Doctoral Dissertations

Date of Award


Degree Type


Degree Name

Doctor of Philosophy



Major Professor

Robert N. Compton

Committee Members

Janice Musfeldt, Pengcheng Dai, Robert Grzywacz


Although negative ions have been studied extensively for quite some time, their study continues to offer insight into developing and refining quantum chemical modeling techniques. Negative ion states remain difficult to treat ab initio due to the significant electron-electron correlation, thus putting a premium on experimental results to guide the way. Experimental techniques such as Electrospray Ionization (ESI) and Rydberg Electron Transfer (RET) have made study of some exotic negative ions in the gas phase possible for the first time. Multiply Charged Anions (MCAs) of several families of molecules were studied using Collision Induced Dissociation (CID) and Infrared Multi Photon Dissociation (IRMPD) to consider the relative stabilities toward electron detachment and ionic fragmentation, as well as the influence of the Coulomb Barrier in these systems. The Coulomb Barrier is a potential barrier adding stability to MCAs due to the Coulombic repulsion between the excess charges. This study has shown for the first time that the magnitude of this barrier towards ionic fragmentation fits the simple electrostatic model of e2/r, as was found by Wang et al. for electron detachment.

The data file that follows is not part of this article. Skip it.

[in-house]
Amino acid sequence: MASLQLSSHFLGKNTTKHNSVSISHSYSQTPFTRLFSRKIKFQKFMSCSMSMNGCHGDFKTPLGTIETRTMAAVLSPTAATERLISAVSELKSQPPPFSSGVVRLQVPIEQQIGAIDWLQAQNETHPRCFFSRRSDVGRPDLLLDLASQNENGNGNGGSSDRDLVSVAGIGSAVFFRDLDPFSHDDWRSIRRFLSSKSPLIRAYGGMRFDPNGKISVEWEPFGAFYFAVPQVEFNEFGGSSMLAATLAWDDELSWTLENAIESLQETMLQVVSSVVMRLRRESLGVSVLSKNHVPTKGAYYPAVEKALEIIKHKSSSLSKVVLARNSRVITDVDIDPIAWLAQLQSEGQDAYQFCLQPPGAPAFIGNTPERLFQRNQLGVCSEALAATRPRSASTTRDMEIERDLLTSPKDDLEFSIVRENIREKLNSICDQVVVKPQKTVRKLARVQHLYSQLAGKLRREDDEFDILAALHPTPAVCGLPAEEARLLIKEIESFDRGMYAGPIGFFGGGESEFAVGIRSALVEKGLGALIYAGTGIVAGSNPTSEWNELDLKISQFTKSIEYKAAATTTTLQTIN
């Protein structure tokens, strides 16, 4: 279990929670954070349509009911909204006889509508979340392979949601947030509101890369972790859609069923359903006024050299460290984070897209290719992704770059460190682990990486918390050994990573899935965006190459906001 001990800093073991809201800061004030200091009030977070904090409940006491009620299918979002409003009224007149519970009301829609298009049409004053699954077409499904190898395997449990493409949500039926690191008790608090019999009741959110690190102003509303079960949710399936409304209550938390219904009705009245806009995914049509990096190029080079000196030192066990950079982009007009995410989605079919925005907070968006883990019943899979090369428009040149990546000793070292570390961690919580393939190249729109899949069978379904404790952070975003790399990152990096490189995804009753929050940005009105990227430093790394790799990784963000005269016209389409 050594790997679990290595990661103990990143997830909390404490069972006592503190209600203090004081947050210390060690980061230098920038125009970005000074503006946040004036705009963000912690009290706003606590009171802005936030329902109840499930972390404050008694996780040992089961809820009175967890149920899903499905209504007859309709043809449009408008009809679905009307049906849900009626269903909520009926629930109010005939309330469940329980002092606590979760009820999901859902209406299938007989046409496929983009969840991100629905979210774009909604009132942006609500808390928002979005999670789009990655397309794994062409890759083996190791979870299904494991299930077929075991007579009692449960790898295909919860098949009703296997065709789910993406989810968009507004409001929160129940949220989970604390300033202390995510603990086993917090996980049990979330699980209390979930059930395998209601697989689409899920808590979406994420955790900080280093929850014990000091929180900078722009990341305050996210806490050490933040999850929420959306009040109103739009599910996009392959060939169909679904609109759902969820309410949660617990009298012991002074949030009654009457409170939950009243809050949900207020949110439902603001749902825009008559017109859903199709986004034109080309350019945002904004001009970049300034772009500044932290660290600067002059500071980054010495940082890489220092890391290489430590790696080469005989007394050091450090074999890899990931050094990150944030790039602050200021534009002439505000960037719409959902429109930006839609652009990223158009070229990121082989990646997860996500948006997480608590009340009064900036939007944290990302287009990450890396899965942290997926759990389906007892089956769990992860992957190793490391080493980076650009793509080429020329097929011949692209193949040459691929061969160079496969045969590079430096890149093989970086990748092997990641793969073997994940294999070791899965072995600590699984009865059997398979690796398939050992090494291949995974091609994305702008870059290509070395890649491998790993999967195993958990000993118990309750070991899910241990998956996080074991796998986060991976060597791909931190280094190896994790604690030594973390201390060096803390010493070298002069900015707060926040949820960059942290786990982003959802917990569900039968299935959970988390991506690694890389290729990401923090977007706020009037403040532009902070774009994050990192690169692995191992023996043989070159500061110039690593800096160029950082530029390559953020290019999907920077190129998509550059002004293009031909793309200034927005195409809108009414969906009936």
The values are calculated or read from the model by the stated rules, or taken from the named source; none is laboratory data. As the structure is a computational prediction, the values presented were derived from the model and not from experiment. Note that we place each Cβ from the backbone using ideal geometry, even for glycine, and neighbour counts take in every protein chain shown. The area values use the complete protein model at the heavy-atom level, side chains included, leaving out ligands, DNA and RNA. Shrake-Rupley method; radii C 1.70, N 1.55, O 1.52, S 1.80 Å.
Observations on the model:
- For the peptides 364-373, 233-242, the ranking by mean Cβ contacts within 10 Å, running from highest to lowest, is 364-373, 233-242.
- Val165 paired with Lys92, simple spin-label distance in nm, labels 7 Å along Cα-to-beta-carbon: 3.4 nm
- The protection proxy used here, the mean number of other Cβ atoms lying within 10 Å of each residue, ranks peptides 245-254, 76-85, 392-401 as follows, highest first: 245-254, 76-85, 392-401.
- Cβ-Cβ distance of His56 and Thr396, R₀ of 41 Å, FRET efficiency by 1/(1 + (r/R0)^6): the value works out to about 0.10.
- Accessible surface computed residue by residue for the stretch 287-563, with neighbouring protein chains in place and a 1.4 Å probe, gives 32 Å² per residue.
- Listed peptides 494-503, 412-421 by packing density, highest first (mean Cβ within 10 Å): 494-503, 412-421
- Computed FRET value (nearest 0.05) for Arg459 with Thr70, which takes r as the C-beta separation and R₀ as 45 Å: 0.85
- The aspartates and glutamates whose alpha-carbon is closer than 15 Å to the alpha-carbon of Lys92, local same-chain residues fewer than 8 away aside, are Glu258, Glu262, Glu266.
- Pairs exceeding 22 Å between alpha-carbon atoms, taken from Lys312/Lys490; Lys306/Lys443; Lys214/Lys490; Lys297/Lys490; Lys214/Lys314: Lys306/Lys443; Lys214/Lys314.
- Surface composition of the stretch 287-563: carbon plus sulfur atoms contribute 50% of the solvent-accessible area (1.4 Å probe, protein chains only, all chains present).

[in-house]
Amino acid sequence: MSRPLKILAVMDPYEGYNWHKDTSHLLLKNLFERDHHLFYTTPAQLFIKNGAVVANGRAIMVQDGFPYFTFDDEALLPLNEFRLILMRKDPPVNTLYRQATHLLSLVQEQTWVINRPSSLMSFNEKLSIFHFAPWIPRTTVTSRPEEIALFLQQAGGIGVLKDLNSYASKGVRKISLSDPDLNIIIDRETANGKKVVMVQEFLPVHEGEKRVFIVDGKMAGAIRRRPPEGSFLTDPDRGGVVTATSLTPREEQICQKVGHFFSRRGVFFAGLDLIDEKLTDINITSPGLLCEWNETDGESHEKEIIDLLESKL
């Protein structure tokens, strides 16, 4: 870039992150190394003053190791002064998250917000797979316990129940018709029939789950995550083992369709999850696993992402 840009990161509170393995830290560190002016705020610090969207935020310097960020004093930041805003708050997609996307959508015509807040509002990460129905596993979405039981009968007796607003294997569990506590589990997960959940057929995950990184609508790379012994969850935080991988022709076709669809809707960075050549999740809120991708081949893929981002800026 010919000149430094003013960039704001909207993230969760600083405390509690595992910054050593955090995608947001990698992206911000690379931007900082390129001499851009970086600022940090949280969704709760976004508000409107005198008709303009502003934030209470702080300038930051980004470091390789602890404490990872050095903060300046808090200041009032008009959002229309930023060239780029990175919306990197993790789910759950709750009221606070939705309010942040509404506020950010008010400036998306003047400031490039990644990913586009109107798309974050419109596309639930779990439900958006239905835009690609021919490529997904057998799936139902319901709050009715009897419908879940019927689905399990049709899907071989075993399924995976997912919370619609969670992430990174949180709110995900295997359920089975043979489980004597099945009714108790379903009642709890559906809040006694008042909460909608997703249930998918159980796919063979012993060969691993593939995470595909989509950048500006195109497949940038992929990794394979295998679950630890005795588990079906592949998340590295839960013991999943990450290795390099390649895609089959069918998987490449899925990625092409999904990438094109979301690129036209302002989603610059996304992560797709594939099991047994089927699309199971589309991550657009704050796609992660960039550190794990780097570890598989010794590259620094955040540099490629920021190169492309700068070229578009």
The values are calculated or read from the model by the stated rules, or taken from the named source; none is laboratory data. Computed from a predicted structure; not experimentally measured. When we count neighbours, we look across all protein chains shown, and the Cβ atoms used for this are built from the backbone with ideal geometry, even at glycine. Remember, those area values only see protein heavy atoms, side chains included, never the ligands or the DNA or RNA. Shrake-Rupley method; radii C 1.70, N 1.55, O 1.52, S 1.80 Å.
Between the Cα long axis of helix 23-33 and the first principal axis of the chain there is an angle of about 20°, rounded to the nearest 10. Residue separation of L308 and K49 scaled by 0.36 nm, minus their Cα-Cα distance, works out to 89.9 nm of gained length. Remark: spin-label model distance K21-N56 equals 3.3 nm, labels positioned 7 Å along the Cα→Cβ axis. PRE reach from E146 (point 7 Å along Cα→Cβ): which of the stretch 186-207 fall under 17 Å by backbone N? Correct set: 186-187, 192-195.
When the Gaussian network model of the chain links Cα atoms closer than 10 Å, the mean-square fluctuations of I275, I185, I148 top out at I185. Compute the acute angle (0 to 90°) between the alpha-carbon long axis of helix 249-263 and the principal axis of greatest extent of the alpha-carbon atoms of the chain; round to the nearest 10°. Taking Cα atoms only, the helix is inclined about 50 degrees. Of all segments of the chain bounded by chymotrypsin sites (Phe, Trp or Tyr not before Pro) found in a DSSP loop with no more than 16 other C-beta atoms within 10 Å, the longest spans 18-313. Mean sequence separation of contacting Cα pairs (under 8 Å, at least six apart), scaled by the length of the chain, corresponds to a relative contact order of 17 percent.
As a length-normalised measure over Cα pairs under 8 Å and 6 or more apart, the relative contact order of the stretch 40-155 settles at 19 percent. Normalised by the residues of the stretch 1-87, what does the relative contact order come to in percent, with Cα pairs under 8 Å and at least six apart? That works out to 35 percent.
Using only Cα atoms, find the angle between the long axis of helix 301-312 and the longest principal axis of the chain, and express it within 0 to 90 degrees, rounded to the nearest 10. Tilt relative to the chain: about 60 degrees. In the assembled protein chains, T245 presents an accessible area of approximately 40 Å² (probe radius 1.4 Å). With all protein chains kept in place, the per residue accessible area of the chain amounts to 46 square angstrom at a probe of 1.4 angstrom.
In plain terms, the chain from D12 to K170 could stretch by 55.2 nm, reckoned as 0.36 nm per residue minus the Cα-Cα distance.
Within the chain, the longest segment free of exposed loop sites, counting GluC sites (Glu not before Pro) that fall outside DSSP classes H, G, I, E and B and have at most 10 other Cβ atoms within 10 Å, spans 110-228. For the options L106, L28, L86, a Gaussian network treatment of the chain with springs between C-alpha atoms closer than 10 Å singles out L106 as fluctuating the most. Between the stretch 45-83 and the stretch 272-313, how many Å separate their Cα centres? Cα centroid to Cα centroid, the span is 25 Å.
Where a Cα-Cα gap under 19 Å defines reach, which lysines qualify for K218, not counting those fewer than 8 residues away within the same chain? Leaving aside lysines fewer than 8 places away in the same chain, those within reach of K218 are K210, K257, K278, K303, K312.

Dipole-bound anions are another rare species of negative ions in which the excess electron is loosely bound to a polar molecule through its dipole moment. The electron affinity of these anions (as determined from RET formation and Field detachment measurements) has been shown to be primarily a function of dipole moment, yet this work has highlighted the significant influence of rotations on these anionic states. Observations of neutrals formed from detachment of these anions (black body v photodetachment and rotational autodetachment), has shown significant coupling to the moment of inertia of the molecule. In the first study of dipole bound anions of HCN, it has been shown that these rotational effects essentially truncate this anionic system such that only two rotational levels remain bound. Formation of the ground state and first rotationally excited state of the dipole bound anion has been observed in the RET spectra and field detachment measurements for the first time.

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